5 Pieces Of Parenting Advice From Your Mom That You Should Absolutely Ignore

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Hurray! Look at you! You’ve grown into a functioning, contributing member of society. You may have pursued higher education, you likely have a steady job, a nice place to call “home,” and perhaps even a smart, interesting, attractive spouse. If you’ve managed to pull off even some of these things, you are truly living the dream. And who do you have to thank for all of these accomplishments? Who set you on the path to greatness? Well, if you ask your beaming mother, I bet she’d like to think she played a pretty big hand in it. So naturally, when you decide to start your own family, you’ll head straight toward that vast wealth of knowledge you call “mom” — but don’t start taking notes just yet.

While it’s true that our moms have a hell of a lot to teach us about how to figure out what to do with our own kids (no, seriously, what do you do with these little guys?), they certainly don’t know everything. And what’s more, sometimes our wonderful mothers will say things that are… just, bad. Bad and wrong. Look, you can’t blame them; They were parenting before the Internet. Even still, it’s important to know when you should listen to your mom for parenting advice, and when you should politely smile and nod while letting whatever she’s telling you fly out of your other ear.

Here are five infamous pieces of advice, from mom, that you should take with a grain of salt:

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“Enjoy Every Moment Because The Time Goes Fast.”

Let’s be honest: Your mom has probably been out of “the game” for awhile now. When she thinks back on her child-rearing days, she will fondly remember the hand-in-hand walks with a giggling toddler or the unhurried days full of newborn snuggles. When she tells you to “enjoy every moment,” she won’t be talking about the 13 times it will take the anesthesiologist to correctly place your epidural, or the innumerable, bleary-eyed hours you’ll spend trying to get your newborn to latch while breastfeeding. She will also somehow fail to remember all the diaper explosions, the perpetual worry and exhaustion, and the epic toddler meltdowns in grocery store check out lines. And that's alright. I hope that’s all I remember some day too. But it's important for you to know, sweet new mama, that you do not have to enjoy every minute. Motherhood is a mixed bag. There will be moments that are so incredibly amazing, that time itself will seem to stop, and there will be moments that are just downright hard. You have to deal with all of it, and stick it out through all of it, but you sure as hell don’t have to “enjoy” a lot of it.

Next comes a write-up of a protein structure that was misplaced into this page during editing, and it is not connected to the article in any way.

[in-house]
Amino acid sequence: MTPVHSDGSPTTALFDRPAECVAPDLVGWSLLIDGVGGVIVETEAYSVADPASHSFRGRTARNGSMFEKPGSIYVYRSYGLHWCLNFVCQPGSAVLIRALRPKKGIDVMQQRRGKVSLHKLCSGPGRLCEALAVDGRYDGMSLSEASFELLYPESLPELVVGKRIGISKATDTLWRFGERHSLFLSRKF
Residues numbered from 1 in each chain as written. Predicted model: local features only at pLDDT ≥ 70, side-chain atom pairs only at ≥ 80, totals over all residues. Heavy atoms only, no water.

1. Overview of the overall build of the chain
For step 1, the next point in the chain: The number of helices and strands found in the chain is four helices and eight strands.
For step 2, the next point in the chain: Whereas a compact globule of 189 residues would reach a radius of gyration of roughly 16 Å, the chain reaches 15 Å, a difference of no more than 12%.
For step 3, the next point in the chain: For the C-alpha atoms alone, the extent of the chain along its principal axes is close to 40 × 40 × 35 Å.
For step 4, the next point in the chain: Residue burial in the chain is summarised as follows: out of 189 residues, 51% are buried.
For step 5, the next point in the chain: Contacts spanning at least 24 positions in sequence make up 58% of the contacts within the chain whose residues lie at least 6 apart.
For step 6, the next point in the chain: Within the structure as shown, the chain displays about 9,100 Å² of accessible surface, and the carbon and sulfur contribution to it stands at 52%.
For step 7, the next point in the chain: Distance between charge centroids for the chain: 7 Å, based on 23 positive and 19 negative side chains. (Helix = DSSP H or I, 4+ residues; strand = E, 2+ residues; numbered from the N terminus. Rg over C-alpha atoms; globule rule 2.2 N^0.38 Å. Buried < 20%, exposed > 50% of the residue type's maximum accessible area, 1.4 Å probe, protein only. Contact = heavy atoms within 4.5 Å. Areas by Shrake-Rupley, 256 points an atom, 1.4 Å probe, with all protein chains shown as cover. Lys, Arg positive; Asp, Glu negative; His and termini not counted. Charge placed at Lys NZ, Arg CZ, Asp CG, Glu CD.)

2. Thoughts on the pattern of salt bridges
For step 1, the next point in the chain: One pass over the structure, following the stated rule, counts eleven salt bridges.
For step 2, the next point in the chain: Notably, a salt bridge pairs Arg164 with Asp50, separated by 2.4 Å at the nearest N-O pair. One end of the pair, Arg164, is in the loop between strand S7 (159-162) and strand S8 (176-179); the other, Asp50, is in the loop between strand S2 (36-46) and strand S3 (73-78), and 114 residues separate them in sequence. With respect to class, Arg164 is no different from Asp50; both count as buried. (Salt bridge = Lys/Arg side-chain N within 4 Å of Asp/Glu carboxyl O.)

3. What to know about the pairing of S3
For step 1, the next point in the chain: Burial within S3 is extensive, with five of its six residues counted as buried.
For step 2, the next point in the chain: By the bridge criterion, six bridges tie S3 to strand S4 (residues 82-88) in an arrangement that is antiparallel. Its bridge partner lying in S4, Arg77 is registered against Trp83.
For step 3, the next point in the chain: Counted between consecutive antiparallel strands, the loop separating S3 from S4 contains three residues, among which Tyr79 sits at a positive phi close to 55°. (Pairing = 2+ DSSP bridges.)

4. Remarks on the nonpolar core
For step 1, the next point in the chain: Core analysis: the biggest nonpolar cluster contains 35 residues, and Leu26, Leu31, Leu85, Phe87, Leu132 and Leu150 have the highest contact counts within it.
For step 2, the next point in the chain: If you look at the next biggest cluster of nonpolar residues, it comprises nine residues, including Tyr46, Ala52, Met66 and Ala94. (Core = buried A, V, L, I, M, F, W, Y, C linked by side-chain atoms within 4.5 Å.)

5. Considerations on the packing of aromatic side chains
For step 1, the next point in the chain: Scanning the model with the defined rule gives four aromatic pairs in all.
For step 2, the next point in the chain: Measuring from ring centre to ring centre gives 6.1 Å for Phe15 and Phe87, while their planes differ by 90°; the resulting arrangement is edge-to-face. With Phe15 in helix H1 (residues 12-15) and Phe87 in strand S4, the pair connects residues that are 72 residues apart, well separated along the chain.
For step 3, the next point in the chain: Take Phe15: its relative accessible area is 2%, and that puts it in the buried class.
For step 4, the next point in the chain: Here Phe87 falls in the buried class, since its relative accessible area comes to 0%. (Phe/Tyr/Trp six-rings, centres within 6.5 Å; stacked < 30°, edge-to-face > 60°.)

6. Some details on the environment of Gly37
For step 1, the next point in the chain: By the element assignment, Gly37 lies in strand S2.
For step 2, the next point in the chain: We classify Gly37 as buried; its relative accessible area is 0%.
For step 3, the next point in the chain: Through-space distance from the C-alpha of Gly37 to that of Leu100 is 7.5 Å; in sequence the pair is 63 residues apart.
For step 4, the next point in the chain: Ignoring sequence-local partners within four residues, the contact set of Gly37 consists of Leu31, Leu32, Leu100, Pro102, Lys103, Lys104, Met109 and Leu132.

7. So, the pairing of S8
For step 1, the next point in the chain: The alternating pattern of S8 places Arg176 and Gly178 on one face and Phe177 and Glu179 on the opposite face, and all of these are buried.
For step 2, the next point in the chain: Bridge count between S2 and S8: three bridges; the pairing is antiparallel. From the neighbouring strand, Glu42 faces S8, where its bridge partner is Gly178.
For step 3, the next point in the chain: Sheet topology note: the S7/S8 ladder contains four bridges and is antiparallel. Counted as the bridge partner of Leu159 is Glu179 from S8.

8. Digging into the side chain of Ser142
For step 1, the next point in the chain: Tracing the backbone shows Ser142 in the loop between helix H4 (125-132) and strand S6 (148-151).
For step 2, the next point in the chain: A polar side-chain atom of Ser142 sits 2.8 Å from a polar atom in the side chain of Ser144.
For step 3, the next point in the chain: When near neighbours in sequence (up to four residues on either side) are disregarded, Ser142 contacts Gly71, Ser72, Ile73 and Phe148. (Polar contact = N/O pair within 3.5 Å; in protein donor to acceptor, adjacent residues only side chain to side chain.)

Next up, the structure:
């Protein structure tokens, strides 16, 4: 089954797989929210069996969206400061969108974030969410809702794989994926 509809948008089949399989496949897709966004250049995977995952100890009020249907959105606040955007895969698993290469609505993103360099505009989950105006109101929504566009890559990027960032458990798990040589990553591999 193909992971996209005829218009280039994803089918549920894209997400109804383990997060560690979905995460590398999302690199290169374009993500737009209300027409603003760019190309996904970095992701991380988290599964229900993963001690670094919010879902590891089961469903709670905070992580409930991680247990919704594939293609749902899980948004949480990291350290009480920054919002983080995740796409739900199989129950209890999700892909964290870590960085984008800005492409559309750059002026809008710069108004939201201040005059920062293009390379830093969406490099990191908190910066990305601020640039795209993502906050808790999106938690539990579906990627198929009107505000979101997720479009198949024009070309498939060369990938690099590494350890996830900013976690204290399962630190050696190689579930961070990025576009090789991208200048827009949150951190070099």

“Put Your Partner's Needs First.”

Somehow this obnoxious 1950’s mentality managed to ingrain itself in a lot of our mothers. The theory behind it isn’t terrible: Happy Parents will translate to Happy Kids and vice versa, and as such, you shouldn’t totally start neglecting your relationship with your significant other just because you guys are tending to a needy, cute, little water balloon of a human. Keep each other happy, and you’ll make the parenting experience infinitely more enjoyable. It’s not bad advice, for the most part. However, making this practice a reality can be daunting at best and seemingly impossible at worst.

This is especially true during those first few years in the parenting trenches when your child is so utterly dependent on you to feed, clothe, soothe, and entertain them. Try telling the wailing 5-month-old that you’ll make him a bottle right after you listen to your husband’s “riveting” description of his client meeting yesterday. The reality is that when you are sporting 3-day-old pajama pants, and you can’t remember the last time you ate anything that didn’t fall off the baby’s plate, you don’t need the added stress of putting someone else before yourself. When the kids are older, you can shuffle your priorities around. In the meantime, happy kids will translate to happy mamas, and happy mamas will translate to happy spouses.

“Doctor Knows Best.”